First off Astronaut Greg Johnson will be at this week’s Science with a Twist on Thursday April 15th at Pacific Science Center. The event is also on Facebook. I’ll be there too, holding a brief discussion about false color, and Toni Meyers, director of Hubble 3D will be speaking about the film.
“Science with a Twist will celebrate Hubble 3D. Toni and Greg will circulate during the event and introduce the film and answer questions after the film. Pacific Science Center’s resident NASA Solar System Ambassador, Alice Enevoldsen, will also lead you through an explanation of astronomical images: What do you see vs. What’s really there? Tickets for staff are only $17 (21 +, ID required)”
Toni Myers is the director and producer of Hubble 3D and one of the few women directors in the history of IMAX filmmaking. Toni has worked on IMAX documentaries since 1971. She has worked on every IMAX space film and has worked directly with over 120 astronauts and cosmonauts in the making of the IMAX space films. She has an extensive background in a variety of films in addition to IMAX filmmaking . In addition to documentary projects she has a background in the music world having worked on music projects for the Beatles’ company, Apple; and individual features and videos for John Lennon and Yoko Ono. The IMAX documentaries that Toni has worked on have been among the most successful here at the Science Center including Under the Sea 3D. For her work on Hubble 3D the astronauts of the STS-125 crew presented her with the Silver Snoopy Award in recognition of her excellence and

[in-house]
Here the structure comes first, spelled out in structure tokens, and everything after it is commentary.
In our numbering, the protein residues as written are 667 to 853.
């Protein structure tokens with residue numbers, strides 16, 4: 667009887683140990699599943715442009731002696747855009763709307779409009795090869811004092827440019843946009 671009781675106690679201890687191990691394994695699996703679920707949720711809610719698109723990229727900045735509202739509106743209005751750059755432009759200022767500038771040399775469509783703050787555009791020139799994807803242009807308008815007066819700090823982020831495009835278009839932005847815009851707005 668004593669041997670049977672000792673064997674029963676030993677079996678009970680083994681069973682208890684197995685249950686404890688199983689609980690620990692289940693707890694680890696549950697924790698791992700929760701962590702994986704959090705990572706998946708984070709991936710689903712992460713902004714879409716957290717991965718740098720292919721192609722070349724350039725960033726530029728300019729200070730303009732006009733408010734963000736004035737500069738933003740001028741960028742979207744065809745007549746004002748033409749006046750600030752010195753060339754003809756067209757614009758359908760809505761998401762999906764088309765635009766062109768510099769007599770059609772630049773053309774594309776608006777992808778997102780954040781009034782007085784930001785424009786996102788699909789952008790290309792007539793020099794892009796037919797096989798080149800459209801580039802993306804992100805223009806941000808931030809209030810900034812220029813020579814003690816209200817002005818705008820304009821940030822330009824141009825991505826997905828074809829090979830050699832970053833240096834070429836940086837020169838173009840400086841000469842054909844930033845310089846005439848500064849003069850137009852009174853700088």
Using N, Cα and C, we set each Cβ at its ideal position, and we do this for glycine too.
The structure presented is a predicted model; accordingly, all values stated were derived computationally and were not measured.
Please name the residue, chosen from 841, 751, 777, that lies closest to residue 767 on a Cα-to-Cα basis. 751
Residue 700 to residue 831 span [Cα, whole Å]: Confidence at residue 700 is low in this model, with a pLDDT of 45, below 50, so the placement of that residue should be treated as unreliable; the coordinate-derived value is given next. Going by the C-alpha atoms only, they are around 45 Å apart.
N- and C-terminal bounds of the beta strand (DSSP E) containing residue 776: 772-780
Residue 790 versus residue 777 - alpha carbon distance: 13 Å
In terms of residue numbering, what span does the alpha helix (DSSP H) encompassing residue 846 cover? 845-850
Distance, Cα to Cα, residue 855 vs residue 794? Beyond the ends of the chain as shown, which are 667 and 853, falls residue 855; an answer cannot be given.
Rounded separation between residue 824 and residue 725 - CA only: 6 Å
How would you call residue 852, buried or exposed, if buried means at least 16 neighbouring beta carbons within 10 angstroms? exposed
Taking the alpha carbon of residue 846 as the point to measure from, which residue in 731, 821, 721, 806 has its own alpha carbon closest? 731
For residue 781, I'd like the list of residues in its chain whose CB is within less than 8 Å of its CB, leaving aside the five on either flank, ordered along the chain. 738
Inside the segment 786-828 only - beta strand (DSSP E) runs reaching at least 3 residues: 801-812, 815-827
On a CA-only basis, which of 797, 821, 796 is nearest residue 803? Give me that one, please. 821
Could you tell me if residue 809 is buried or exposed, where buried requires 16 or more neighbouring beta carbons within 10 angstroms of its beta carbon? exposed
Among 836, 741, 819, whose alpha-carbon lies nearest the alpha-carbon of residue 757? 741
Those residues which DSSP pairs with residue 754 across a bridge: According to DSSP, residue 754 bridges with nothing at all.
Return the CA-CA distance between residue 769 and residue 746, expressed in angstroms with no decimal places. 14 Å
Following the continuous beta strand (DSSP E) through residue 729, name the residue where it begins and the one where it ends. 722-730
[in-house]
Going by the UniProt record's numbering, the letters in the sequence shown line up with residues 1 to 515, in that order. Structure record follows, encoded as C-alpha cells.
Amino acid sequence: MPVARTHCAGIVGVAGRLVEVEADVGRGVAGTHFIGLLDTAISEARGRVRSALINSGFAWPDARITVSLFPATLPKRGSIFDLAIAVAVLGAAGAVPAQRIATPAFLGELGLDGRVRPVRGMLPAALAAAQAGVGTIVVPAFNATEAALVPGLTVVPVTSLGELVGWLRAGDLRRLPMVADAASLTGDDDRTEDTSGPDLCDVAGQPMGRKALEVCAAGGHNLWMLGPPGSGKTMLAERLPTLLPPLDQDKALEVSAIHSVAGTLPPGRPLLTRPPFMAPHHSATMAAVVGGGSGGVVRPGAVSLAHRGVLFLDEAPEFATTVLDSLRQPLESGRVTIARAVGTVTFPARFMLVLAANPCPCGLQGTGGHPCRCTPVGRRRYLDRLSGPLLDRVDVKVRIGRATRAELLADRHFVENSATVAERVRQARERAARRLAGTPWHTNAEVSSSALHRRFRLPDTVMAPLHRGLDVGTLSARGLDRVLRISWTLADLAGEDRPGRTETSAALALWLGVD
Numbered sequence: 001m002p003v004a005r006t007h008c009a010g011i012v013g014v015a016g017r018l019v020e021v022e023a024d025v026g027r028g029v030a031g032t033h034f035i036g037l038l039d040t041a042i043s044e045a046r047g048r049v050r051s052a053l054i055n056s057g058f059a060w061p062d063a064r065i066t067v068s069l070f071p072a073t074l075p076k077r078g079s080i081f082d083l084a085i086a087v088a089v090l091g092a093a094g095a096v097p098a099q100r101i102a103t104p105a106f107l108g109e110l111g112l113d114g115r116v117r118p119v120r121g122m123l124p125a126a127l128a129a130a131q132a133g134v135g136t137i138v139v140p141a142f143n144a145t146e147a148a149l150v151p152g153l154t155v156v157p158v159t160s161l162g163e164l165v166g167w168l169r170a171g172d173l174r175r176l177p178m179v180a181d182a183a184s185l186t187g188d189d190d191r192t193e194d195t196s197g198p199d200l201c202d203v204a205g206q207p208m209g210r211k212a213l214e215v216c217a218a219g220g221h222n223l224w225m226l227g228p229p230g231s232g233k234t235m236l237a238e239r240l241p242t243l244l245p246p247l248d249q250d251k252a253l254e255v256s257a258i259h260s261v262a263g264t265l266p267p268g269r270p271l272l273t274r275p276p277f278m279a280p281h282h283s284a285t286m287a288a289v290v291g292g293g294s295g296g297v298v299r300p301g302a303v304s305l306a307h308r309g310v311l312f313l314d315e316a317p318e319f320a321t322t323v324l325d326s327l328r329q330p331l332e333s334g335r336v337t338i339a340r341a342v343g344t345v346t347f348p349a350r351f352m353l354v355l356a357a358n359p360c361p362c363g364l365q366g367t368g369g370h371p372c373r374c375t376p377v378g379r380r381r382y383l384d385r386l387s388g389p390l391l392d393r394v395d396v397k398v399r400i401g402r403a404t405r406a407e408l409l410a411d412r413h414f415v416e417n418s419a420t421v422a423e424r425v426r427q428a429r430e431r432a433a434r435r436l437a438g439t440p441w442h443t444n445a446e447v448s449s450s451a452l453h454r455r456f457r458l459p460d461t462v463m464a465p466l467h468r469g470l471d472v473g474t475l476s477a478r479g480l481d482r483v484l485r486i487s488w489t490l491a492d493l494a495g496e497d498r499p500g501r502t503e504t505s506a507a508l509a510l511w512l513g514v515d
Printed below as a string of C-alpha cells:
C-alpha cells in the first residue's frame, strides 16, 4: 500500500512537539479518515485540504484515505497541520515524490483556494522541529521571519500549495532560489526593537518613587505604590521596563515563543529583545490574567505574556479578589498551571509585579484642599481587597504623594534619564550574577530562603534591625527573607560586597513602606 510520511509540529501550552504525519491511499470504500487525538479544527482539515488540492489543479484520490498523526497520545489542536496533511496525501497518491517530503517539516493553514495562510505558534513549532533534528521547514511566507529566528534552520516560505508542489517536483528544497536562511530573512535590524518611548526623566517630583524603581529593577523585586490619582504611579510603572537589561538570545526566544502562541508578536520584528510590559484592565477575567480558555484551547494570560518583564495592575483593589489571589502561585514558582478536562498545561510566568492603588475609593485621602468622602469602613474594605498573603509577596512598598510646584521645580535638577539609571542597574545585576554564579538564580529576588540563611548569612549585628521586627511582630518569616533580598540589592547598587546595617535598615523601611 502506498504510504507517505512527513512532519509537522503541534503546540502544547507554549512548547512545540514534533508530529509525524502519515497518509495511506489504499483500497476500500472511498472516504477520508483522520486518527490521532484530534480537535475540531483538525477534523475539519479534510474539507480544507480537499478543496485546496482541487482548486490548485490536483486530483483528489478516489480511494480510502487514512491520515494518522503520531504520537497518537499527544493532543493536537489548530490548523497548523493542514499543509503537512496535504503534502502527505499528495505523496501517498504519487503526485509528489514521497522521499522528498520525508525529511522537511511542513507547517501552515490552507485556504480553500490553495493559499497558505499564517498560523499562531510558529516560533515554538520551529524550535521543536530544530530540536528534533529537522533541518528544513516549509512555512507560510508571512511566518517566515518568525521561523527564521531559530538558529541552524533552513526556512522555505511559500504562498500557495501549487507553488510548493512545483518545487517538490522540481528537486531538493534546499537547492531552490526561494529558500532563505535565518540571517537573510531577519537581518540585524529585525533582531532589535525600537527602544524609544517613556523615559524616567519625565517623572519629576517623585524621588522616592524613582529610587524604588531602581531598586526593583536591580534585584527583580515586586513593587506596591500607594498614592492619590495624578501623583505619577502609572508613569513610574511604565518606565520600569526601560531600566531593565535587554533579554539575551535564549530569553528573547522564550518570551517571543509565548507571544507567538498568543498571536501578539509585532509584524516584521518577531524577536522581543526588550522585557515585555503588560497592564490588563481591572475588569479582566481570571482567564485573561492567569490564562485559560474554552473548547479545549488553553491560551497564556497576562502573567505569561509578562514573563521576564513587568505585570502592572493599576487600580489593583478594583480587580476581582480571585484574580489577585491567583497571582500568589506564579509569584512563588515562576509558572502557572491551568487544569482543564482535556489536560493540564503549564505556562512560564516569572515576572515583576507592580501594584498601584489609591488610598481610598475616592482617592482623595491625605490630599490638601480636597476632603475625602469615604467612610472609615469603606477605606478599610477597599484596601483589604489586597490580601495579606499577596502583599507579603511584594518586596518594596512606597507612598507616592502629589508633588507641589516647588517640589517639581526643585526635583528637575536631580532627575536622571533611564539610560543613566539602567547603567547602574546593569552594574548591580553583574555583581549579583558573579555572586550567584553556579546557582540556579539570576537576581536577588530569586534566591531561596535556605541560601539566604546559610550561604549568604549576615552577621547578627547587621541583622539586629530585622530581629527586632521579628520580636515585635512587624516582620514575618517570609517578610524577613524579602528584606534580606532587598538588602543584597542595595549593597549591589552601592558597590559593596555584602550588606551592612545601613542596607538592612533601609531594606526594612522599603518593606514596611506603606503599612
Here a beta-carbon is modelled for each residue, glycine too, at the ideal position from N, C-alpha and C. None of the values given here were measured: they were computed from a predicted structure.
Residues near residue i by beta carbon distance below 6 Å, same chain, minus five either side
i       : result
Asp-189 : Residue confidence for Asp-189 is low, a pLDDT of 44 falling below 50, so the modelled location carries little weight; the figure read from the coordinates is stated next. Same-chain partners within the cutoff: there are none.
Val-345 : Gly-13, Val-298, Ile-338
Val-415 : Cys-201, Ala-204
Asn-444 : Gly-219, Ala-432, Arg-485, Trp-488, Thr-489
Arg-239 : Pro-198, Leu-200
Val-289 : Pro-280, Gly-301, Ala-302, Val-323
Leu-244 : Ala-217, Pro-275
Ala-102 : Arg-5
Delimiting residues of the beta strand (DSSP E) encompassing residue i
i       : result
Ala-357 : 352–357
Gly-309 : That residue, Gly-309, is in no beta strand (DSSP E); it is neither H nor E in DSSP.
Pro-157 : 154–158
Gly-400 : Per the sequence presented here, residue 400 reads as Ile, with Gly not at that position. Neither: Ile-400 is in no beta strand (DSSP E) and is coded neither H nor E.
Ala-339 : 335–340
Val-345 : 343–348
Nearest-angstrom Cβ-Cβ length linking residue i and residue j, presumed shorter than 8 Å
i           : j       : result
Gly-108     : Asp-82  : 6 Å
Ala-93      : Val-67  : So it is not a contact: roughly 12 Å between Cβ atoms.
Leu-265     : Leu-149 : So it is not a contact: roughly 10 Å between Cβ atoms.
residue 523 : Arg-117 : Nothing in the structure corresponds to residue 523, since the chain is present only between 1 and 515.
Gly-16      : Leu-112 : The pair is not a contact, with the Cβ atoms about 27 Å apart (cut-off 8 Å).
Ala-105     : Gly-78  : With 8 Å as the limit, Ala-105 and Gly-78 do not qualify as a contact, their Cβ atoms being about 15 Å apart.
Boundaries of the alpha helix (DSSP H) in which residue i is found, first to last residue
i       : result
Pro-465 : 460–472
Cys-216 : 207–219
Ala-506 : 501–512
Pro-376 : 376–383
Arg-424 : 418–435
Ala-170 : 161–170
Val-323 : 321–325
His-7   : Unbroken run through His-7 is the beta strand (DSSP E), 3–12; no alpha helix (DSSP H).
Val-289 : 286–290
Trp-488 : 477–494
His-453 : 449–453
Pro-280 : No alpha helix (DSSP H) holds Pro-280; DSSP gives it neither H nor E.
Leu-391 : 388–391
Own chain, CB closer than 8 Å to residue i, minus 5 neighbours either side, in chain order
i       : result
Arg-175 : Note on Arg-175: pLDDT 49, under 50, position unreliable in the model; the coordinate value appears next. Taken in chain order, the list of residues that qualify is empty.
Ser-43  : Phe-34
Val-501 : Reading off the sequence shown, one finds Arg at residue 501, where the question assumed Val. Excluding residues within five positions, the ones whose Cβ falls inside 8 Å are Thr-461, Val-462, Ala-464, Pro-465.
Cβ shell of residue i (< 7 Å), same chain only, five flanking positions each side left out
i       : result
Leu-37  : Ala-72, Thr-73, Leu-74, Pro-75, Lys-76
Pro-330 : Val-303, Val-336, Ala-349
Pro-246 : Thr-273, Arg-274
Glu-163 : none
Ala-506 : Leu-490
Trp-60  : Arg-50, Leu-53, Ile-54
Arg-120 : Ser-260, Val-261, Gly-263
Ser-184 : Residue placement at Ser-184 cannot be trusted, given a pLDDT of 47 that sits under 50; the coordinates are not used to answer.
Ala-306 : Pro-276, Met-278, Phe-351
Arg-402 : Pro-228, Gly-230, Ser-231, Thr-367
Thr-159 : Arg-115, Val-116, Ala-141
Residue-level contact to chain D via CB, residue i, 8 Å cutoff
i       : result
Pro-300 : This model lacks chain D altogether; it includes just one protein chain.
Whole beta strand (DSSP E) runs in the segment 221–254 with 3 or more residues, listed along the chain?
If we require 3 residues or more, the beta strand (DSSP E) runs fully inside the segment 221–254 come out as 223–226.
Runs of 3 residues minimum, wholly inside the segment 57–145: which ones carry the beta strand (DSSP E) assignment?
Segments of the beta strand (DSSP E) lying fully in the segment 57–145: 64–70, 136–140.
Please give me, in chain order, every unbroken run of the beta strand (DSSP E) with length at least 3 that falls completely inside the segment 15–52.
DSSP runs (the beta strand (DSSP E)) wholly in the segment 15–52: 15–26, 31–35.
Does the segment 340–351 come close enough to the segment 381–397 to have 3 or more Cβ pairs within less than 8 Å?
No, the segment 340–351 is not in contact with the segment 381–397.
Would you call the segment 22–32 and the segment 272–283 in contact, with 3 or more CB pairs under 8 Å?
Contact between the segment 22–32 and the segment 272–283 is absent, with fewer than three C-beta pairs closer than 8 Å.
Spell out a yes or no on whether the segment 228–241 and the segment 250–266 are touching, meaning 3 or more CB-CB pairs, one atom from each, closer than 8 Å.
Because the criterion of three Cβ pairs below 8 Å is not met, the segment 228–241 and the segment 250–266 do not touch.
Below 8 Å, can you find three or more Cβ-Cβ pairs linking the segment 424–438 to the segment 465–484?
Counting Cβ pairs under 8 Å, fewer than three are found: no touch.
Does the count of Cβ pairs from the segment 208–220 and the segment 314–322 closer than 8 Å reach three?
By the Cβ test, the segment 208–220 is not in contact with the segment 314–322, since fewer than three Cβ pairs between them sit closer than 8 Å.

achievements in bringing the space experience to IMAX audiences around the world.
Greg Johnson graduated from West Seattle High School and from the UW with a degree in aerospace engineering. He received his Naval Aviator wings in December 1978. He served as a senior research officer in Office of Naval Research. He has logged over 9500 flying hours in 50 aircraft and has over 500 carrier landings. In 1990, he was accepted as an aerospace engineer and research pilot at NASA . He joined the astronaut program in 1998. He was the pilot the final Space Shuttle mission to the Hubble Space Telescope. On this mission he logged almost 13-days in space—–traveling 5,276,000 miles in 197 Earth orbits at 17,500 miles per hour. And he was an IMAX cinematographer on the mission.
Next, April 24th will be Astronomy Day at Pacific Science Center. Here’s a copy of that e-mail:
Calling all astronomy enthusiasts!
Celebrate the 20th anniversary of the launch of the Hubble Space Telescope at Pacific Science Center on April 24th.
What: Pacific Science Center presents Astronomy Day
When: Saturday, April 24th 10am-6pm
Where: Pacific Science Center
Astronomy Day this year will be in style at Pacific Science Center! With planetarium shows, hands-on exhibits in Facing Mars, facilitated space-themed activities with our onsite Science Interpretation staff, crafts, and the eagerly-anticipated IMAX film Hubble 3D this day of science just won’t end.
Showing April 24th at 10:30am & 11:45am
The perfect way to celebrate the 20th Anniversary of the launch of the Hubble Space Telescope is to take in a screening of this new IMAX film which is gaining rave reviews! Today’s Seattle Times review calls Hubble 3D an “extraordinary spectacle” and an “out of this world documentary.” http://seattletimes.nwsource.com/html/movies/2011381515_mr19hubble.html
Showing April 24th at 11:30am, 1:30pm, 3:30pm and 5:30pm
Go behind the scenes with NASA scientists and engineers as they worked to design Mars Rovers, Spirit and Opportunity, to travel millions of miles to Mars and report back!
Here’s your chance to experience the sensations, emotions and conditions of a real trip to Mars without ever leaving Earth! Build your own simple rocket, take a “Mars Walk,” see firsthand what microgravity does to the human body and so much more!
Last, you should go look at Carnival of Space #149!
Okay, enough advertising. I’ll tell you more science-y stuff next week.
~ A l i c e !